Brexit Bulletin: Is It Enough?

(Bloomberg) -- Today in Brexit: May is offering to go back to Brussels and tweak her deal to reflect Labour demands. It might be too little too late.

What’s Happening?

Theresa May is sending a message that she’s serious about negotiations with Labour. The British prime minister has offered to go back to Brussels to reopen her Brexit deal to reflect the ongoing cross-party talks.

This is something the European Union has long said it would be happy to do (because she’s talking about tweaking the non-binding declaration on future trade ties, not the divorce treaty itself), and something Labour has made clear from the beginning it would demand. The trouble is, there’s a good chance it won’t be enough.

May appears to be ready to make a concession on some kind of future customs union, ahead of what’s billed as (another) crunch session of talks. But her offer comes just as the battle within the divided Labour Party over a second referendum escalates. It could turn out to be too little too late, as May continues to reject the prospect of a confirmatory public vote. 

Labour is deeply split over the issue of a second referendum, and crucially Jeremy Corbyn is on the side of those reluctant to have one. But Keir Starmer, the party’s Brexit spokesman, told the Guardian that any cross-party deal would struggle to get parliamentary support if it doesn’t include a confirmatory vote. Tom Watson, the deputy leader, also makes the case for a public vote in the Times today.

Starmer says it’s a question of numbers: “A significant number of Labour MPs, probably 120 if not 150, would not back a deal if it hasn’t got a confirmatory vote,” he’s quoted as saying. “If the point of the exercise is to get a sustainable majority, over several weeks or months of delivering on the implementation, you can’t leave a confirmatory vote out of the package.”

Bloomberg’s Rob Hutton ran some speculative numbers last week on how to get a cross-party deal through Parliament. He came to a similar conclusion: The only way to do it is by offering another plebiscite. That, of course, would be a Brexit compromise that most Tories couldn’t support.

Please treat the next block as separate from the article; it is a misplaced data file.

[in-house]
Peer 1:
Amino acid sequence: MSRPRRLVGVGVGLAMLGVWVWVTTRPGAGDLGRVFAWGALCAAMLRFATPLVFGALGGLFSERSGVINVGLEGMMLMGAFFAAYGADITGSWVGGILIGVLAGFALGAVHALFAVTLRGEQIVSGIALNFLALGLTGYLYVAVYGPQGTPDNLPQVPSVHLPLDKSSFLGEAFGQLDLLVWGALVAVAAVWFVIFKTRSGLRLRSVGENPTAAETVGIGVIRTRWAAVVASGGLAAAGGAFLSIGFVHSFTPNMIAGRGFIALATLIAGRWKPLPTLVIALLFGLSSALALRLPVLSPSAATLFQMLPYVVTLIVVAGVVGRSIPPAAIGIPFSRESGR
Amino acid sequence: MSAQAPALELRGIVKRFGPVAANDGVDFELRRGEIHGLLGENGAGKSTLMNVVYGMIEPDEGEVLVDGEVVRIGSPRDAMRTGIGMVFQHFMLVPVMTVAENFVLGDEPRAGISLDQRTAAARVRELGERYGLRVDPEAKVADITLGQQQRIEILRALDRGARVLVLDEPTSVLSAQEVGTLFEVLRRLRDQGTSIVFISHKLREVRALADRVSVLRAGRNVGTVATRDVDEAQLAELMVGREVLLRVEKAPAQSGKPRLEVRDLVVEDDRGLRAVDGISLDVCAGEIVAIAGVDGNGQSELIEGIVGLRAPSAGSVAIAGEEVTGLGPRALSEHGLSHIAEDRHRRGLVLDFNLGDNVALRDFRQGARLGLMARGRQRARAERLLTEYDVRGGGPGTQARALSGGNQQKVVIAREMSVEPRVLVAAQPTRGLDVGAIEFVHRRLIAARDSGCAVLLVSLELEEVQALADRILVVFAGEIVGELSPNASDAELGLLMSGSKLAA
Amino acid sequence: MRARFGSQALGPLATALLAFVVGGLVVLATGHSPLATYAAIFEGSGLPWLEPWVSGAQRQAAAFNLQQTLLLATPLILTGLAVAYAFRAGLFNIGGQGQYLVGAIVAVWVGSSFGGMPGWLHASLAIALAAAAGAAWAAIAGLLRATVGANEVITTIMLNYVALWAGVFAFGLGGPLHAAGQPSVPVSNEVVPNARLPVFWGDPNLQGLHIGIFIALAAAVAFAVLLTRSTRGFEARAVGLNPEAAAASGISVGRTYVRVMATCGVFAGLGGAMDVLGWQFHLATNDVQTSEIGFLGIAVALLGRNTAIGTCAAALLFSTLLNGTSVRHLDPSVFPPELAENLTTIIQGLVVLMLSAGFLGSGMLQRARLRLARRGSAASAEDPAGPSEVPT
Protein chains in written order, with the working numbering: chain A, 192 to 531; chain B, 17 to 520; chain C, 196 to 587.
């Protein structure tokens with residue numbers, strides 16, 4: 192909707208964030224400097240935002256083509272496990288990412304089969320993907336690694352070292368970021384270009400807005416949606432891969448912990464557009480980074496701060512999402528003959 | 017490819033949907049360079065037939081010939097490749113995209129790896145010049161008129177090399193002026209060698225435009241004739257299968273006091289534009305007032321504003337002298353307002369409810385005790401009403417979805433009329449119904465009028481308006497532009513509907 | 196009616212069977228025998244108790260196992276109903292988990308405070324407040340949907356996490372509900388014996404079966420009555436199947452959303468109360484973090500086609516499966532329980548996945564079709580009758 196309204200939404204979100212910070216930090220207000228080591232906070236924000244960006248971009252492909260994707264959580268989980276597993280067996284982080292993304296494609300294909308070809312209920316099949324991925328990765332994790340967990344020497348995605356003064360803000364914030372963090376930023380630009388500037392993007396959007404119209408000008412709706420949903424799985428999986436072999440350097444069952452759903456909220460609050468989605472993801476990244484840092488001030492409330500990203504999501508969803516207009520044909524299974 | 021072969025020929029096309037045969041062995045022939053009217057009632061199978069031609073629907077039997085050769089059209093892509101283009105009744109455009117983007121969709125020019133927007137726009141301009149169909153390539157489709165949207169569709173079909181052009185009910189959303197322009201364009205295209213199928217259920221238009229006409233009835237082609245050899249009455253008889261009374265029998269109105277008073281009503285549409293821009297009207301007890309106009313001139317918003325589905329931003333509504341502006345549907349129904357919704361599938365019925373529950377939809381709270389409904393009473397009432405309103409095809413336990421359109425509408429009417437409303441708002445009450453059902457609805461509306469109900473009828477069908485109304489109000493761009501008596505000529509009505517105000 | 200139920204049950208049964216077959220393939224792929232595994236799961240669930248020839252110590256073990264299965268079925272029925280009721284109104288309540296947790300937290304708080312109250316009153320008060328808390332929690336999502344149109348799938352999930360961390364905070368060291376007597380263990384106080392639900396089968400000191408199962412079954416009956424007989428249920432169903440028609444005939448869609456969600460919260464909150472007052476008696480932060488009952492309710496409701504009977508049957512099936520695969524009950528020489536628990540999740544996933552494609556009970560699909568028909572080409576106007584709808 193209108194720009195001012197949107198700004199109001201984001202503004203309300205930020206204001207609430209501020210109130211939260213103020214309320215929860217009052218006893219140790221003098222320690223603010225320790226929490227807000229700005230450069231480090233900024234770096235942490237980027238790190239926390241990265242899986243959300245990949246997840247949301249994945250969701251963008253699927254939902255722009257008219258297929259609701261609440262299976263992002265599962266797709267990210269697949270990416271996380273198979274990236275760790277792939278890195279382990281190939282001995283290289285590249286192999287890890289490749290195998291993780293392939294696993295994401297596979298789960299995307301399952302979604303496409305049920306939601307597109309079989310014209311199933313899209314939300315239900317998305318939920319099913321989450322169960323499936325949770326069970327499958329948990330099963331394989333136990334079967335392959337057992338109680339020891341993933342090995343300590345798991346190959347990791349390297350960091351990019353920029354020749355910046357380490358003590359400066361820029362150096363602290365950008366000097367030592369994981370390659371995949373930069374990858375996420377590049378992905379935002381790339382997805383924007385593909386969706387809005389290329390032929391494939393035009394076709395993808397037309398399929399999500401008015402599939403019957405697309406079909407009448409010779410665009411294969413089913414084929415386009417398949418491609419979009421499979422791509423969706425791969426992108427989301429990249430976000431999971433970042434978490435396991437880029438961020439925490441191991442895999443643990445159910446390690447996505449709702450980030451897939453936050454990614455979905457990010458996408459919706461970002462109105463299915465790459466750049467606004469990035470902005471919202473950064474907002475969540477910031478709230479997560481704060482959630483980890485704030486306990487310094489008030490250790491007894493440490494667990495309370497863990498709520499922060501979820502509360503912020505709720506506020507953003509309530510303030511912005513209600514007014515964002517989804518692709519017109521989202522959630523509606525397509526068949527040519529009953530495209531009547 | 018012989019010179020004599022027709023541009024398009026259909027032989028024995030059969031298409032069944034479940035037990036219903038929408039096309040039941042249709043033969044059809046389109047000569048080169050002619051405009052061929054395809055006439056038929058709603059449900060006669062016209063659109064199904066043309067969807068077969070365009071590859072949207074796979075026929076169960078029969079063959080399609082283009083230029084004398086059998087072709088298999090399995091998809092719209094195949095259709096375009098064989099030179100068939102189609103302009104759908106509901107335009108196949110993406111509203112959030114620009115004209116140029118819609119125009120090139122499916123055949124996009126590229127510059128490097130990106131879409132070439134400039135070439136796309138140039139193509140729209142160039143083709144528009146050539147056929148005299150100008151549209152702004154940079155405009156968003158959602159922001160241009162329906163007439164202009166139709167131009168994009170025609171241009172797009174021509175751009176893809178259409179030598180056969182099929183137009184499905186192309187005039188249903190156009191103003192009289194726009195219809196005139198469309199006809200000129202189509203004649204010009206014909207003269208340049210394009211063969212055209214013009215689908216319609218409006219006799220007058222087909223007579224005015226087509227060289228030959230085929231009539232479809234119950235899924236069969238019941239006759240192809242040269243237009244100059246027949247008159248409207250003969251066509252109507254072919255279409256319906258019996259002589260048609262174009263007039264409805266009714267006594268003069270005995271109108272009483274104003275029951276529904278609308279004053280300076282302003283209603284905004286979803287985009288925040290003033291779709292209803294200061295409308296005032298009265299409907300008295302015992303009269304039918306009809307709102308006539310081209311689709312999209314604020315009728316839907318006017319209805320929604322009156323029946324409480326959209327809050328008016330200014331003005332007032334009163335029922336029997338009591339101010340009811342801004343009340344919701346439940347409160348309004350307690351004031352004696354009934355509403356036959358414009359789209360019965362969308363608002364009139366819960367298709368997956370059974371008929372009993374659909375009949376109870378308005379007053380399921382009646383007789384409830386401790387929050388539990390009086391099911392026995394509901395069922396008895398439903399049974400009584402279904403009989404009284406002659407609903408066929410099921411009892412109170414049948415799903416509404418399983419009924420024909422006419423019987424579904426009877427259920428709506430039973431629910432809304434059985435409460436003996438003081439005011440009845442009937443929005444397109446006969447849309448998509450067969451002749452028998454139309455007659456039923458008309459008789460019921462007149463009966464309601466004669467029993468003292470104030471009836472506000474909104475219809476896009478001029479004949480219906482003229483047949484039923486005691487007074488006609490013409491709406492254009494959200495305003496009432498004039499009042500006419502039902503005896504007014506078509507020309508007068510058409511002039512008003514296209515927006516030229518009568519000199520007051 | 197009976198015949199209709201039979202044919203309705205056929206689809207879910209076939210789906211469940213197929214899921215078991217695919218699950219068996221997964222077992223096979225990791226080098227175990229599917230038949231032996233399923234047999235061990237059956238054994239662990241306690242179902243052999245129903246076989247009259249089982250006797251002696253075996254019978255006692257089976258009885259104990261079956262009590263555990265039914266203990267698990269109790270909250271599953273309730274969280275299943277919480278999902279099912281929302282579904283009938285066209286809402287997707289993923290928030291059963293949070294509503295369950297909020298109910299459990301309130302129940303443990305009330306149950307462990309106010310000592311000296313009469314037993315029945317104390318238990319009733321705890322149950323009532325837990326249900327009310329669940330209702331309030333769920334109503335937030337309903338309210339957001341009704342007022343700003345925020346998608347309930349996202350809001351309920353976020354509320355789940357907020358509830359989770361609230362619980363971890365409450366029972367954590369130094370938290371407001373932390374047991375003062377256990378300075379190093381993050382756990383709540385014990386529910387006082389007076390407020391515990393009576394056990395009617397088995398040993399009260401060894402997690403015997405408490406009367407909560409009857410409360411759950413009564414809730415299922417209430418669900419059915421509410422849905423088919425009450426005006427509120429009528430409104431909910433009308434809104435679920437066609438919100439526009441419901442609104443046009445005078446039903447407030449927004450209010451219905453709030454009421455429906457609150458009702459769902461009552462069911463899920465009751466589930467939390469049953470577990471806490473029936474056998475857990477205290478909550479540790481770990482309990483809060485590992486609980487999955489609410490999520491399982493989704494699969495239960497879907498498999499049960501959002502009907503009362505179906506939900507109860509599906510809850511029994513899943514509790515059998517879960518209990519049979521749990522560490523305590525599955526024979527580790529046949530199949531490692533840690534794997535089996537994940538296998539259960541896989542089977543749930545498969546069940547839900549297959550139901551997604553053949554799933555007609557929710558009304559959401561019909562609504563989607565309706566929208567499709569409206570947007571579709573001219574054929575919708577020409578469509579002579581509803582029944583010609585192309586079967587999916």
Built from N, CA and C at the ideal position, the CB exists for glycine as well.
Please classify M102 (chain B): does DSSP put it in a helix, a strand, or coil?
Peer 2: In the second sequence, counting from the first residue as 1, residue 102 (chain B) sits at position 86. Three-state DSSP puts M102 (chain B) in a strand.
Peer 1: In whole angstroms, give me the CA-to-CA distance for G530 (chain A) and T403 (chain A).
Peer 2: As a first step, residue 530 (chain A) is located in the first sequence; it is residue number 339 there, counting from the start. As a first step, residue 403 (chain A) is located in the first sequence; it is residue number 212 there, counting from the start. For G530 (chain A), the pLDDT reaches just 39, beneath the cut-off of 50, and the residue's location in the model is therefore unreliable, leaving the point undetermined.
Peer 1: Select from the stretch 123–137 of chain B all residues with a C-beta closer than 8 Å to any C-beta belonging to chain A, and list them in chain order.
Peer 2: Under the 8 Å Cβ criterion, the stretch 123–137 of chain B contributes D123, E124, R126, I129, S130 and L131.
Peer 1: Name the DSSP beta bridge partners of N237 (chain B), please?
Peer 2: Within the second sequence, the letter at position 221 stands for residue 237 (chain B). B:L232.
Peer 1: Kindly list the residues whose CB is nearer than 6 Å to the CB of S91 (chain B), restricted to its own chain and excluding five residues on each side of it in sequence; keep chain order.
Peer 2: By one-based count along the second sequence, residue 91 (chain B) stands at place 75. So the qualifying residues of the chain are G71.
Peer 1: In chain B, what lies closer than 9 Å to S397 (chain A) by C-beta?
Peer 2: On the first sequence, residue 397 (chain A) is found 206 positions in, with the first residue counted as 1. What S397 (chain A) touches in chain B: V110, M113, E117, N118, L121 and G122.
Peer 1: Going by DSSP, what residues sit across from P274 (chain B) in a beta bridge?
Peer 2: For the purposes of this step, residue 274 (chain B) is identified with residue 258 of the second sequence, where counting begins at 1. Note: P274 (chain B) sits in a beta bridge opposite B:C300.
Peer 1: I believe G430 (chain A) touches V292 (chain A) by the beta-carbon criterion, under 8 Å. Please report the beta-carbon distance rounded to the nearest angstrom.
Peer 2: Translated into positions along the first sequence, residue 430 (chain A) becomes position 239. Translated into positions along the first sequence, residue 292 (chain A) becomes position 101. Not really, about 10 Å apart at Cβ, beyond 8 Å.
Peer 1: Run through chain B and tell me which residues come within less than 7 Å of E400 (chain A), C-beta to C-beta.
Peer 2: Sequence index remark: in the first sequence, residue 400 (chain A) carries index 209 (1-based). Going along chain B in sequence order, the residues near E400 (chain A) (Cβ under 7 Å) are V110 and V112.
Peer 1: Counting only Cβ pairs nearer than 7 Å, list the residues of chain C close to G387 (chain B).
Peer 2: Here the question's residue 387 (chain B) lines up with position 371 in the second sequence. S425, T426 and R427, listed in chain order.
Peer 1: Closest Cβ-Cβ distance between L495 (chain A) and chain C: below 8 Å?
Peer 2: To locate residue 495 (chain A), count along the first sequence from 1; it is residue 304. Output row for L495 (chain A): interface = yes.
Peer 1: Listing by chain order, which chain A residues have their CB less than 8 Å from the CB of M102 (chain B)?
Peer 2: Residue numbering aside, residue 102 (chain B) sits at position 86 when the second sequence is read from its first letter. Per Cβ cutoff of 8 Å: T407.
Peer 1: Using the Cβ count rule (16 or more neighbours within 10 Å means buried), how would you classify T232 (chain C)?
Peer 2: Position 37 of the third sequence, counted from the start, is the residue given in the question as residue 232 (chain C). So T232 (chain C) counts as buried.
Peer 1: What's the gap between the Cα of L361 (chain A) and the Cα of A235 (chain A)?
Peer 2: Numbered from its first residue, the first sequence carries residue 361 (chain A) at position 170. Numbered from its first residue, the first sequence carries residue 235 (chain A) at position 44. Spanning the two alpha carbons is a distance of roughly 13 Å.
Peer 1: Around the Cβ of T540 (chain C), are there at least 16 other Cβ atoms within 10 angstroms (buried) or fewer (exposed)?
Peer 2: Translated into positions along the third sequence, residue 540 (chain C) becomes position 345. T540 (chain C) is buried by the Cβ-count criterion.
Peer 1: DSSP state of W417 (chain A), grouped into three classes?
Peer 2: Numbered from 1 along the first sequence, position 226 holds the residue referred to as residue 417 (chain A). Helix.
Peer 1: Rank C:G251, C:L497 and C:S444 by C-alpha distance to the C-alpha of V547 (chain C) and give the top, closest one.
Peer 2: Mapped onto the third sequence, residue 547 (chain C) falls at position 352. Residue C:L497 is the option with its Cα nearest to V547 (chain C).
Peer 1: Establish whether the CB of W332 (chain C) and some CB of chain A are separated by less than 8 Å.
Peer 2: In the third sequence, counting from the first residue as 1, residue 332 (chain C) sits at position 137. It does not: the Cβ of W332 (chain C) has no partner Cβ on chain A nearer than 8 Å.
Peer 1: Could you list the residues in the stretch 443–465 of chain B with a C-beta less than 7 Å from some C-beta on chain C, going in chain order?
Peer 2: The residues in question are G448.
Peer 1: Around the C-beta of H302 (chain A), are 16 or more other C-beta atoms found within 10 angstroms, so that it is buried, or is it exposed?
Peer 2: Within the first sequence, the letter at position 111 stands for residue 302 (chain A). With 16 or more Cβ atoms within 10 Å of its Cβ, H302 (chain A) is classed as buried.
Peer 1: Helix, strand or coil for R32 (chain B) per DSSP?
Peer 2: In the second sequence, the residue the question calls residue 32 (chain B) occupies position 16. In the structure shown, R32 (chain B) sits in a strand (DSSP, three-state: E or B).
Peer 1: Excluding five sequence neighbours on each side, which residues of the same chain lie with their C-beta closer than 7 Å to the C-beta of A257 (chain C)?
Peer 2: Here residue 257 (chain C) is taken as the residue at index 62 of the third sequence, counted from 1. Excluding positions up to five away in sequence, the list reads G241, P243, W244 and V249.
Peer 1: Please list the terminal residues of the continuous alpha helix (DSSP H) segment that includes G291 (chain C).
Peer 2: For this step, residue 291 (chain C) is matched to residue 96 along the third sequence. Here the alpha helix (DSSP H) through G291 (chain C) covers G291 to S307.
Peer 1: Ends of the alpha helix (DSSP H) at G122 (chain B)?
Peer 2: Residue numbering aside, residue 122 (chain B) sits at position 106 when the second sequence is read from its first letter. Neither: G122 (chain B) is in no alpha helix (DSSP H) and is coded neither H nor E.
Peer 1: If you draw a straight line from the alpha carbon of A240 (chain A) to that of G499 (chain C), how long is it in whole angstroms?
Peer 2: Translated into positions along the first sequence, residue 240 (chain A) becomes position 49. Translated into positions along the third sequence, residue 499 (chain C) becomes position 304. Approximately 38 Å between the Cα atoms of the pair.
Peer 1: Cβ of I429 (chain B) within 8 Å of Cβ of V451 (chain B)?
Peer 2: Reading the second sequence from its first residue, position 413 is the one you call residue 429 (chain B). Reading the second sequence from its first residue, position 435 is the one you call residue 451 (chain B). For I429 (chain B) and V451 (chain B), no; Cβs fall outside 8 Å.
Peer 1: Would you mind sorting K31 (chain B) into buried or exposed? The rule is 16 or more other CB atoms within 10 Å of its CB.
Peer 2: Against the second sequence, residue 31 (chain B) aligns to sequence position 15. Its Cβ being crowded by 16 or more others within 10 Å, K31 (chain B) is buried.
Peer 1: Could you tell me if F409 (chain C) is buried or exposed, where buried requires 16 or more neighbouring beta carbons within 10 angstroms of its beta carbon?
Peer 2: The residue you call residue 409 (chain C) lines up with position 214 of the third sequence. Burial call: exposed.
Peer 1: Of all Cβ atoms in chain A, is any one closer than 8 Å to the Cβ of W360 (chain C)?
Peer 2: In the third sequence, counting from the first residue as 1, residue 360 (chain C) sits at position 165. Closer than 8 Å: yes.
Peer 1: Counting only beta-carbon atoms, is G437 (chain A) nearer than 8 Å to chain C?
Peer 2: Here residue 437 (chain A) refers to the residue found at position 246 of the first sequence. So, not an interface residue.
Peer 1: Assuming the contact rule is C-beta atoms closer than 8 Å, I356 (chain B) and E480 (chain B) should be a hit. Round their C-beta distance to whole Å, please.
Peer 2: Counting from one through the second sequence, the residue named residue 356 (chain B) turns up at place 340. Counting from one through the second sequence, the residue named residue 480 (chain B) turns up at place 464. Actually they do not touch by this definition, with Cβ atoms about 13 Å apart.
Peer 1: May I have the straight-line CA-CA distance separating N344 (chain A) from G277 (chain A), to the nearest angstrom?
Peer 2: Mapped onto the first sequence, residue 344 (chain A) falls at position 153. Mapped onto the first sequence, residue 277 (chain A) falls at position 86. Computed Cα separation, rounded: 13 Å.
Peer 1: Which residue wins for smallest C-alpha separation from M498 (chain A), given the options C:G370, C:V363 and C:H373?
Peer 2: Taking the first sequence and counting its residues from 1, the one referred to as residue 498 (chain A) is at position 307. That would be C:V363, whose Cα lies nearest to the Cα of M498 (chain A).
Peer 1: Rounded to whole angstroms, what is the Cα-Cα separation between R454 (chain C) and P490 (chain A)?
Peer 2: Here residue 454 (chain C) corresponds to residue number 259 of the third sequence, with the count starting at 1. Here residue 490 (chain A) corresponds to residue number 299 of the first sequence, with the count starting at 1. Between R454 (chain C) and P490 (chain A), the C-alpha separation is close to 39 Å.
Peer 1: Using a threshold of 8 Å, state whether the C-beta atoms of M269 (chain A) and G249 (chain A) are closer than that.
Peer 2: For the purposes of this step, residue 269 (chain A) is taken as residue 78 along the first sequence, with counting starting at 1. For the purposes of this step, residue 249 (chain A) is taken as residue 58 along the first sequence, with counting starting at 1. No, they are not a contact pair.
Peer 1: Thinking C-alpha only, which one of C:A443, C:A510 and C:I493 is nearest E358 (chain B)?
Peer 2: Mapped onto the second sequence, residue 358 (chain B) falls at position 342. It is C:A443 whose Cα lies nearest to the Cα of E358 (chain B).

Today’s Must-Reads

  • Businesses are complacent about a no-deal Brexit and the risk is bigger than they think, according to the head of the Institute of Directors.
  • Like the White Walkers in Game of Thrones, the prospect of a no-deal Brexit keeps coming back, Therese Raphael writes for Bloomberg Opinion.
  • The Times calls for May to set out this week a process for her succession. Her Brexit deal “is dead, at least so long as Mrs May is associated with it,” the newspaper says, adding that her continuation in office has created a “dangerous vacuum.” 

Brexit in Brief

Brexit Party Ahead | Nigel Farage’s Brexit Party could take 34% of the vote at the European elections on May 23, leaving the Tories coming in fifth place on 10%, according to a poll by YouGov for the Times. An Opinium poll for the Observer also put the Brexit Party at 34%, with the Tories on 11%. Farage made his case on the BBC’s Andrew Marr show yesterday.

Jobs Foreigners Won’t Do | British workers are starting to reap the benefits as the U.K. becomes a less attractive destination for workers from the European Union, according to LinkedIn. Since the start of 2016, migration of professionals from other EU countries to the U.K. has fallen by 30%, it said.

London Falling | London’s property market is continuing to bear the brunt of Brexit malaise, according to a report from Acadata. House prices in the capital fell by 1.1% in April from a year earlier, the report showed. Nationally, they rose 0.2%. The number of properties changing hands is down 14% in London since the first quarter of 2017.

What Does Philip Think? | May’s husband, who until now has encouraged the prime minister to fight on, is focused on making sure she has a decent exit, the Sunday Times reported. He is often described as her most influential adviser.  

On the Markets | The pound has been stuck around $1.29-$1.31 this quarter as Brexit has stalled. But some investors are bracing for more volatility ahead, writes Charlotte Ryan. Sterling traded almost unchanged at $1.3008 early today.

Brexit Bulletin: Is It Enough?

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